Shark encounters and depredation events have always been a part of fishing. Unfortunately, anglers have observed that shark interactions are becoming more frequent, leading to damage or loss of fish, bait, and gear. Not only are these interactions frustrating, but also dangerous. Due to their growing frequency throughout many parts of the country, especially along the Atlantic coast, the southeastern United States, and the Pacific coast, anglers are demanding attention be brought to the issue.
In June 2023, legislation was introduced in the U.S. House of Representatives to help mitigate this issue. The bill would improve communication and coordination across the fisheries management community on shark depredation, setting a path forward to reduce the frequency of these interactions.
What’s the Issue
On June 12, 2023, U.S. Representatives Rob Wittman (R-Virginia), Darren Soto (D-Florida), Garret Graves (R-Louisiana), and Marc Veasey (D-Texas) introduced the Supporting the Health of Aquatic systems through Research, Knowledge, and Enhanced Dialogue (SHARKED) Act (H.R. 4051) in the U.S. House of Representatives. The bill focuses on shark depredation by establishing a task force comprised of fisheries managers and shark experts responsible for improving coordination and communication across the fisheries management community on shark depredation. The task force will identify research priorities and funding opportunities to limit depredation throughout the country.
The bill represents the first step towards mitigating shark depredation nationally and building foundational knowledge that can be used to improve future management, education, and research actions.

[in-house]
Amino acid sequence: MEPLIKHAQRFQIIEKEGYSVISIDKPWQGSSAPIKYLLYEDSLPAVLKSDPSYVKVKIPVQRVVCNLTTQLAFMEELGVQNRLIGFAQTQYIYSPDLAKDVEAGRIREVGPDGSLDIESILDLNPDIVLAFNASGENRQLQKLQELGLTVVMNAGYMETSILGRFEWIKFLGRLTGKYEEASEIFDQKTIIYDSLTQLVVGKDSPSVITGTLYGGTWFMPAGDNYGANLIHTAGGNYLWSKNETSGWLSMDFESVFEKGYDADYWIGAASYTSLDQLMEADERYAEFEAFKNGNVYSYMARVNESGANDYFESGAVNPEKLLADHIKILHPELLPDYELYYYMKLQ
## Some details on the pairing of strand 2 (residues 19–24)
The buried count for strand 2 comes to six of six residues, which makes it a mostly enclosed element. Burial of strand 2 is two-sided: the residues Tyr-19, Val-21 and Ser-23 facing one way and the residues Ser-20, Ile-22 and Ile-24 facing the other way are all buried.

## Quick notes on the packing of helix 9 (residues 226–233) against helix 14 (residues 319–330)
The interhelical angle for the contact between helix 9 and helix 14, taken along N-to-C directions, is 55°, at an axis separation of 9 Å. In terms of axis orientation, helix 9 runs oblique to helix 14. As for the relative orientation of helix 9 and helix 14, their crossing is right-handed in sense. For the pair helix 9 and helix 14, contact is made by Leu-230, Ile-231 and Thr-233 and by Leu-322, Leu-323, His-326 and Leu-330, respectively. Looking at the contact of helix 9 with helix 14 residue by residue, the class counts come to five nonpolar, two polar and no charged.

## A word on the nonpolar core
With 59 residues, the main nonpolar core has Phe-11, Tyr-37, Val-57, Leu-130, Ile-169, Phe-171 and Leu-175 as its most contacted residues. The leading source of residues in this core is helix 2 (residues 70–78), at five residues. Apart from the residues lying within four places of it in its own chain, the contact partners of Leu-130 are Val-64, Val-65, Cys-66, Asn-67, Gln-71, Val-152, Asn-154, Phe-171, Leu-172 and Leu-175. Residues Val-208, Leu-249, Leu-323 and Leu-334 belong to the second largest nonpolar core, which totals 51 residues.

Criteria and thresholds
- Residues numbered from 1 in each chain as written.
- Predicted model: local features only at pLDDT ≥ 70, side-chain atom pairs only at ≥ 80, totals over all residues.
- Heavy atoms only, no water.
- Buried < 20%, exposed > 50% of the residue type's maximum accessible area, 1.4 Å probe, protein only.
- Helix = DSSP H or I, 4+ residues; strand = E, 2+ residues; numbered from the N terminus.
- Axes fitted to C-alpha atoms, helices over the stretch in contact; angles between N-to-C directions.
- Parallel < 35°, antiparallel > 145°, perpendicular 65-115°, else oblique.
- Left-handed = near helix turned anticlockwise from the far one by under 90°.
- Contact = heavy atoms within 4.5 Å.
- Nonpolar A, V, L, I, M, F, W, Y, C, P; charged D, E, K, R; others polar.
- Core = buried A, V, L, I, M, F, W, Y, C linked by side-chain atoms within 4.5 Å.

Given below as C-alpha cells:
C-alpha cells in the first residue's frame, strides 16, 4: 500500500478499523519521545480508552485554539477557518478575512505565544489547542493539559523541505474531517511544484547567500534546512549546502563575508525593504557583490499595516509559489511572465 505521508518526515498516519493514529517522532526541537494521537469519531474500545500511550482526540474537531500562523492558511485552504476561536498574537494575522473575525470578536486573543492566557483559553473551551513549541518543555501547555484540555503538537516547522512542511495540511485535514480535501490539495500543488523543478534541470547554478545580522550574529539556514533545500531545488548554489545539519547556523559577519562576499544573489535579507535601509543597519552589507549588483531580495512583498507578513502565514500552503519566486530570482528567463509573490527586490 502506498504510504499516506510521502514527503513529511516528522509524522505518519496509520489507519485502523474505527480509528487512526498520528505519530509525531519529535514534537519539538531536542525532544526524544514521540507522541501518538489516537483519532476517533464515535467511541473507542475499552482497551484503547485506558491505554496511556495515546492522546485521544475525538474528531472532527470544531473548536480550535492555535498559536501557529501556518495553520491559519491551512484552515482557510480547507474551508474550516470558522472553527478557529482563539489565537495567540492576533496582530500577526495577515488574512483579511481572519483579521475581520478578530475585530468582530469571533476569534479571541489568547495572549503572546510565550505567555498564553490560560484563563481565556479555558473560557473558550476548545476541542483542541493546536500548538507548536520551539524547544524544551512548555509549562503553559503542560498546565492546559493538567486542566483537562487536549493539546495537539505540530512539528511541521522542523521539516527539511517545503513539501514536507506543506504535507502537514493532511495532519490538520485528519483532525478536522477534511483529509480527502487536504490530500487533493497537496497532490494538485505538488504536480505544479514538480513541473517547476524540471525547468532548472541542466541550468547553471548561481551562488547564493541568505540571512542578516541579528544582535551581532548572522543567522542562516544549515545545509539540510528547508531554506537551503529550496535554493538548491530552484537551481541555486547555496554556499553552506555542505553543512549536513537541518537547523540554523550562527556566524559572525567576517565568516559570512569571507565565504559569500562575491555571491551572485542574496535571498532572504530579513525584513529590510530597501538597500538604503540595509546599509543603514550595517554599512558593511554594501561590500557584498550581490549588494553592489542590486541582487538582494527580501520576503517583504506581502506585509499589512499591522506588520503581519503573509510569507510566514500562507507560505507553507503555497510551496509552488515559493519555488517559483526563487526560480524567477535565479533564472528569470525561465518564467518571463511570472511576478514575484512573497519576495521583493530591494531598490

Why It Matters
Shark encounters are increasing throughout the U.S. In addition to the frustrations that sharks cause among anglers, there is also a worry that they can negatively impact fisheries, leading to stricter regulations intended to offset or avoid shark interactions.
While shark populations were previously reduced due to overfishing, management efforts have succeeded in rebuilding many shark stocks under the Magnuson-Stevens Fishery Conservation and Management Act. Conflicts between anglers and sharks are expected to further increase as shark populations continue to improve, requiring fishery managers and scientists to collaborate with the recreational fishing community on solutions that incorporate science and management policies.
What ASA is Doing
The American Sportfishing Association believes that fishery managers and the recreational fishing community must work together on solutions that proactively address shark depredation. In October 2022, ASA developed a position statement addressing shark interactions, outlining four pillars to address shark interactions in both the short and long term. The four pillars are education, management, policy, and research. Following the release of its position statement, ASA published a blog post on its Sportfishing Advocate blog highlighting the issue and solutions.
In June 2023, ASA co-signed a letter with 14 like-minded organizations thanking the SHARKED Act’s congressional sponsors for introducing the bill and highlighting its support of the legislation. ASA has also issued an Action Alert on its Keep America Fishing platform so ASA members and the public can send messages directly to their members of congress in support of the bill.
In July 2023, the House Committee on Natural Resources Subcommittee on Water, Wildlife, and Fisheries held a hearing on eight bills, including the SHARKED Act. ASA issued a press release thanking the subcommittee for their attention to the legislation.
For more information and suggestions on what actions people can take to help this legislation get passed, click here.